Monday, 26 November 2012


Now I've got over the euphoria of that good news I can tell you a little of what went on in the consulting room.  I told my consultant I was glad to see him and that he was still there, bearing in mind that NHS morale - particularly at that hospital - was obviously low.  He agreed with my summing up of the situation. I told him of my enormous gratitude to him and the whole team for my survival and apologised for not having written to him personally, whereas I had to both the chemo and the surgical tems.  My consultant suggested that I write to the chief executive of the Trust as that always boosts morale. So I did.

It was a difficult letter because I couldn't honestly say that everything had been hunky dory. If you read back through this blog you'll find times when I was at my wit's end with the bureaucracy of the system and other issues. My blog starts at diagnosis but right at the start I had a pretty awful experience.  I'd been sent to the walk in centre for a bronchoscopy.  The health care assistant who initially took my details was wearing a dirty uniform, she had a hacking cough. It was later proven that she could not spell thyroxine - as she'd started her attempted with a ph.  I bet she says fink when she means think and fort when she means thought!  I complained at the time and I made an official written complaint later. 

Anyway, back to the letter to the Trust - it was quite short but to the point.  I received an effusive response from the chief executive which he'd copied far and wide (because three hospitals and three separate trusts had been involved in my care.) He urged me to go onto the NHS Choices web site and record my gratitude there.

I tried.  But again honesty curtailed my efforts. Within about five clicks I was being asked to comment on the cleanliness of the hospital. I know from recent first hand experience of our local hospital that it is possible for a toilet to be left uncleaned for four days even when a patient reports the fact.  It was only dealt with when the patient located the cleaning staff themselves and gave them the instruction to do the job.

So I haven't contributed to the NHS web site. I'm in a quandry. Do I do what they want - say how wonderful the result was - but on other matters 'dis' the trust or do I just forget the whole thing? Currently I'm just shelving the decision.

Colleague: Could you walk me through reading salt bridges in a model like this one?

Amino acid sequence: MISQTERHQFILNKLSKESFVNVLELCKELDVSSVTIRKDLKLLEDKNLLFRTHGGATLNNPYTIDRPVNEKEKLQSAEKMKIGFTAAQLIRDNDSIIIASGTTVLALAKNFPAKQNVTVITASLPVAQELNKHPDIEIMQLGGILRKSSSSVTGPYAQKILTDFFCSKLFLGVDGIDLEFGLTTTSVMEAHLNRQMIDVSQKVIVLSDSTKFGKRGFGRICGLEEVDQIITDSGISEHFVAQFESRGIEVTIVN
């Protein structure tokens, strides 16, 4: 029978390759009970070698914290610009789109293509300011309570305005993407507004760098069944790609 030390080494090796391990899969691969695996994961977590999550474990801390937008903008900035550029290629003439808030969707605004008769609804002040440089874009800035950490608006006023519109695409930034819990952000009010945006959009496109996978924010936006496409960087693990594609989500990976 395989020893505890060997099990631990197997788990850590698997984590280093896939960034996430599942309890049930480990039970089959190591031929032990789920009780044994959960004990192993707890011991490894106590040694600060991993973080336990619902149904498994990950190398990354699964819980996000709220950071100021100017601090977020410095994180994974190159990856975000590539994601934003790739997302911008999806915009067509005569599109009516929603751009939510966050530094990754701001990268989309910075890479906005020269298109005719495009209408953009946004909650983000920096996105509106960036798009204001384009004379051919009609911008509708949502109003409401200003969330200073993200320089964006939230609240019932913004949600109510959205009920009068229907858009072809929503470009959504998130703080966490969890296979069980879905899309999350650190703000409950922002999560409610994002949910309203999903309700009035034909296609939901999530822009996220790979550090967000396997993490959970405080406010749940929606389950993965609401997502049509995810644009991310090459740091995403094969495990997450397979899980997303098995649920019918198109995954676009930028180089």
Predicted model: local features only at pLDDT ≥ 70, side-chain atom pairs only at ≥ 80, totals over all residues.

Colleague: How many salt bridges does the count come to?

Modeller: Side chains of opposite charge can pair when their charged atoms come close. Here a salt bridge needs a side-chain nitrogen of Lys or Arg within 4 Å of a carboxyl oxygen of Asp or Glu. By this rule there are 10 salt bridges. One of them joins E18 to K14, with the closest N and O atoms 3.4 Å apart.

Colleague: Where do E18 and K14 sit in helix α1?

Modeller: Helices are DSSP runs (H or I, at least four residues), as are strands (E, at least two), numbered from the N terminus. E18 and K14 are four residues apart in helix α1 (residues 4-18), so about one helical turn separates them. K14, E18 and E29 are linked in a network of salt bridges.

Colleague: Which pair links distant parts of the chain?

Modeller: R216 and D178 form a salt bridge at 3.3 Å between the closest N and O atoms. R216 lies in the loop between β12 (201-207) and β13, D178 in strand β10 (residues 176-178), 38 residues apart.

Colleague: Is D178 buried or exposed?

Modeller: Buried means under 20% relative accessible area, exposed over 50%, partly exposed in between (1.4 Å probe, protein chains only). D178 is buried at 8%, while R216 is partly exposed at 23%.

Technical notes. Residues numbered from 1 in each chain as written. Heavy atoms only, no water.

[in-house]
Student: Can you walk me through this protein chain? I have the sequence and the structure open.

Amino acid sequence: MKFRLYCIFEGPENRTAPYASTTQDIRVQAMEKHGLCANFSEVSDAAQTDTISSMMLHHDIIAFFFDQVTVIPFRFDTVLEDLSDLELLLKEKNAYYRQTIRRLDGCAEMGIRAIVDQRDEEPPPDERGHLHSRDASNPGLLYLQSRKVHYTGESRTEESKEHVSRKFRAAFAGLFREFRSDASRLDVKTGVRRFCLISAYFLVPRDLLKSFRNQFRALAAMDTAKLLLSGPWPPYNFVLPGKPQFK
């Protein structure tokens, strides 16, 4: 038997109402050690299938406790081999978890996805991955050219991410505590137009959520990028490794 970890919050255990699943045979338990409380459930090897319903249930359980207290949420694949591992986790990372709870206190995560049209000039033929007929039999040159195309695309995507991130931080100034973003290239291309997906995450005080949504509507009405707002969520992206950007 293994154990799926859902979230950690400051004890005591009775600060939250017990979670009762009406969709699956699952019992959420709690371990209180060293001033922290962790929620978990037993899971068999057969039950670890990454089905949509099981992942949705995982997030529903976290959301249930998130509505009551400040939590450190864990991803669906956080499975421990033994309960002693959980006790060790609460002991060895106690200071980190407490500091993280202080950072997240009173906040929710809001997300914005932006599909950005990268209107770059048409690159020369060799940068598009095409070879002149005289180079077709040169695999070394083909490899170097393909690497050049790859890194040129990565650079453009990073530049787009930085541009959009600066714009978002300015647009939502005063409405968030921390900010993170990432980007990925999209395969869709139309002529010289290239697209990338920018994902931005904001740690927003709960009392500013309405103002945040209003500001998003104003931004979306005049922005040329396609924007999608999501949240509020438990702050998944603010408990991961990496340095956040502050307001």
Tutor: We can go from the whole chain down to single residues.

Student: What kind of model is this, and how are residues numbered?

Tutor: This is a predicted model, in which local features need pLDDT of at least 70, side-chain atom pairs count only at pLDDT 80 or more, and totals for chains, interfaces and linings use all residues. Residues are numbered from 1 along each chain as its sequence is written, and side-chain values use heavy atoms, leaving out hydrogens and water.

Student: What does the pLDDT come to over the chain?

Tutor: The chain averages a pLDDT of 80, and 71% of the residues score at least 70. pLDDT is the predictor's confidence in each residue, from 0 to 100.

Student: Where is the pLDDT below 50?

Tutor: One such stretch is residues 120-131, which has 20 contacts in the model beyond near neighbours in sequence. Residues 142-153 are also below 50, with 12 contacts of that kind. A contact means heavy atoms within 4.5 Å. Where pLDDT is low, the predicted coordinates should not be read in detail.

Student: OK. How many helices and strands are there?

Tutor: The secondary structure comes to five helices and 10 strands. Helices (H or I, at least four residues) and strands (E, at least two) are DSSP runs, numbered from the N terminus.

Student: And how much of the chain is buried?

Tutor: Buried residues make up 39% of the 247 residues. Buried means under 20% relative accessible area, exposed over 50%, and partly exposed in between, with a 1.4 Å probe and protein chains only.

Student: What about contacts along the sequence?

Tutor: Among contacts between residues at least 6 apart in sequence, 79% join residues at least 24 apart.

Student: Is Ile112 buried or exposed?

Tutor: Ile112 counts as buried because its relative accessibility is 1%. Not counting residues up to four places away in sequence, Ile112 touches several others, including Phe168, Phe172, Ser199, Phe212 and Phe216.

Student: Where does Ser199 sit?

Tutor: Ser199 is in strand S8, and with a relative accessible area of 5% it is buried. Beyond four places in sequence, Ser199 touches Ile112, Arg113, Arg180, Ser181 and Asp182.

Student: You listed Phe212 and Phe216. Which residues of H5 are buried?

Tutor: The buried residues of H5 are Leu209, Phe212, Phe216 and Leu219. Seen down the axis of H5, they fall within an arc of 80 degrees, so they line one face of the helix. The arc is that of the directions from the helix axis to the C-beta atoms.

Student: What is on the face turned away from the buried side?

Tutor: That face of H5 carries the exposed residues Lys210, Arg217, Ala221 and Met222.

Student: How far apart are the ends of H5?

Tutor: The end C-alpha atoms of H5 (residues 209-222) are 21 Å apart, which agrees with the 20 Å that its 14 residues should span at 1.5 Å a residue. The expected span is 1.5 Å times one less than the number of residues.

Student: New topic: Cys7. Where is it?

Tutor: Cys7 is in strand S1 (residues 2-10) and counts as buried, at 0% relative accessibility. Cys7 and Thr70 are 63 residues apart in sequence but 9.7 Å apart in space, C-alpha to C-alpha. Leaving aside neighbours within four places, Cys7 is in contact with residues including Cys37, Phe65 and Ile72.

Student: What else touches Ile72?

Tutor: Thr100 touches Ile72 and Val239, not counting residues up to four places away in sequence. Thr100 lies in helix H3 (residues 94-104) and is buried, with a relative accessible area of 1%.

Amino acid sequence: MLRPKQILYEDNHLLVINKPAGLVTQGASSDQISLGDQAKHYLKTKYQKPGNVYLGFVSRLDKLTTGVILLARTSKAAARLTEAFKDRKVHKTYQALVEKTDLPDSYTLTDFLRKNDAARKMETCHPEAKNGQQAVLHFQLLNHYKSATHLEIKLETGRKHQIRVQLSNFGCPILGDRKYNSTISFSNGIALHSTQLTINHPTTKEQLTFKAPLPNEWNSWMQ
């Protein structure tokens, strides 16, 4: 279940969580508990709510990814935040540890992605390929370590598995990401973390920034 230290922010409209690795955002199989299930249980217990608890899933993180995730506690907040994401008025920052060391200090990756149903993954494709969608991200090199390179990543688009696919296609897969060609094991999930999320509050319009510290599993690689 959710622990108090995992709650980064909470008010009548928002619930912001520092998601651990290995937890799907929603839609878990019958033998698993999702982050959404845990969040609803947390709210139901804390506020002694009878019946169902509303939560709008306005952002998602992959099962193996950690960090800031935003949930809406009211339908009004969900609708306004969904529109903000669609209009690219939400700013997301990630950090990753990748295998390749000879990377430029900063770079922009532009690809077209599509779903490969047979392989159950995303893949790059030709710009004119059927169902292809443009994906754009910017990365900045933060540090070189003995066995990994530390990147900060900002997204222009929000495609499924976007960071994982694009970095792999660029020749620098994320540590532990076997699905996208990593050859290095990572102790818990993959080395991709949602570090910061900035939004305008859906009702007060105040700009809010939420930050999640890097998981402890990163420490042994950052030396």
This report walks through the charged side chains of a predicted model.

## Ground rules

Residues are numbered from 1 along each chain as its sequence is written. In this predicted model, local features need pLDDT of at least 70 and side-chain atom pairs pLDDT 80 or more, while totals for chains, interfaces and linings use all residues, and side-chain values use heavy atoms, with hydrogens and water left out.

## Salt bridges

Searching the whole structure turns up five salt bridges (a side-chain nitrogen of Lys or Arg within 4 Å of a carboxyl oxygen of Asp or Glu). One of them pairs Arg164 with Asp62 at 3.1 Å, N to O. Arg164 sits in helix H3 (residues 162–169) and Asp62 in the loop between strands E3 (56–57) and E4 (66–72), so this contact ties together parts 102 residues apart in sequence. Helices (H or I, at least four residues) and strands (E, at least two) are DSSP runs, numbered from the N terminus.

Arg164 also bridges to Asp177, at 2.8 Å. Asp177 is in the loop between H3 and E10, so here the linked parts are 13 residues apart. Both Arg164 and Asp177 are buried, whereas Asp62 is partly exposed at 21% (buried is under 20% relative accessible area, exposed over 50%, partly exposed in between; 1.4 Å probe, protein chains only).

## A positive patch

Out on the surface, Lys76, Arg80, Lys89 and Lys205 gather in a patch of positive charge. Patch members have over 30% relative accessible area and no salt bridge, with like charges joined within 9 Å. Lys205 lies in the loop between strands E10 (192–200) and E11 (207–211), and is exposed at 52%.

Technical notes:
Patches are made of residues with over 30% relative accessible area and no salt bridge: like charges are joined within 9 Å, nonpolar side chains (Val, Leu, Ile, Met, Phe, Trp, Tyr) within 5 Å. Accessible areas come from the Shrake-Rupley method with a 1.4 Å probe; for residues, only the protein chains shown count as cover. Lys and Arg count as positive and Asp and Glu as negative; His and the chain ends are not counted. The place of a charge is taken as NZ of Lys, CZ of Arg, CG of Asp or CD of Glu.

Thursday, 15 November 2012

Phew! - thank goodness that is over

Today was my first six month check up since completing my lung cancer treatment (held at 9 months because of the appalling appointment system at the local hospital). I underwent a chest x-ray and the lung consultant says it looks fine.  It was interesting to see how much more the remaining lung lobe had expanded - quite extraordinary.

I hadn't realised quite how terrified I was of re-entering the whole NHS system again.  My pulse was raised and I'm sure my blood-pressure - though acceptable when taken - was up too. But the feeling of elation when it was over was enormous.  I can relax again until the spring.

Tuesday, 13 November 2012

Freddie Starr ate my hamster!

I was initially against any press regulation on the grounds that I really wouldn't want to be in a country where whistle-blowers could be silenced, where politicians could not be held to account and where a less benign regime could abuse the original intention of any legislation.

However, upon giving it a lot more thought, I now realise that the genie is so much out of the bottle with Wikileaks, Facebook, Twitter, etc. that the press can no longer claim their right to first disclosure of public interest matters as a defence against compulsory regulation.  That argument no longer holds water. 

Ah, but I hear you say, how will be know whether or not to believe what we read on social media?  Well, in response I ask you a question.  How do you know whether the established media tells the truth?  It's a wild world out there in swamps of gossip and the only solution is "reader beware".

Wednesday, 7 November 2012

That's it

That's it, I said, rushing to find a piece of paper to write the exact words down.  Dame Stephanie Shirley has just been on Radio 4. She was explaining that still, all these years after arriving here as a refugee, she feels she has to "make my life worth living to make my life worth saving"; to "justify my survival".  And that's exactly how I now feel.   Dear Dame Steve summed it up exactly.

The other piece of information I picked up was from a contributor whose name I didn't record but he said "there is no such thing as an unwounded soldier".  How true.  I remember my father who survived the second World War against all the odds after being parachuted into France, bombed by the Americans and taken prisoner. He volunteered to become a paramedic, to parachute, and to carry out bomb disposal.  And yes, he was damaged psychologically in so many ways that even I as a child and young woman could see. I guess the stress also damaged him physically - he was dead at 61. It certainly put paid to the pacifist that originally joined up. 

Every Remembrance Day I stand at the war memorial thinking how fruitless and stupid war is.  I do it for him really because he no longer can. I don't do it to glory in the men who didn't come back or to satisify some nationalistic trait. Standing round a war memorial for a few minutes each year and donning our poppies forces us to face the reality of legalised murder by others on our behalf. It's still going on and we have to accept some of the blame. 

And in that context, how relieved I was to hear that Obama is back in the White House.  The endless analysis of USA politics by British media has been very boring, but today I was glad to hear the news. I feel that the world is a much safer place today.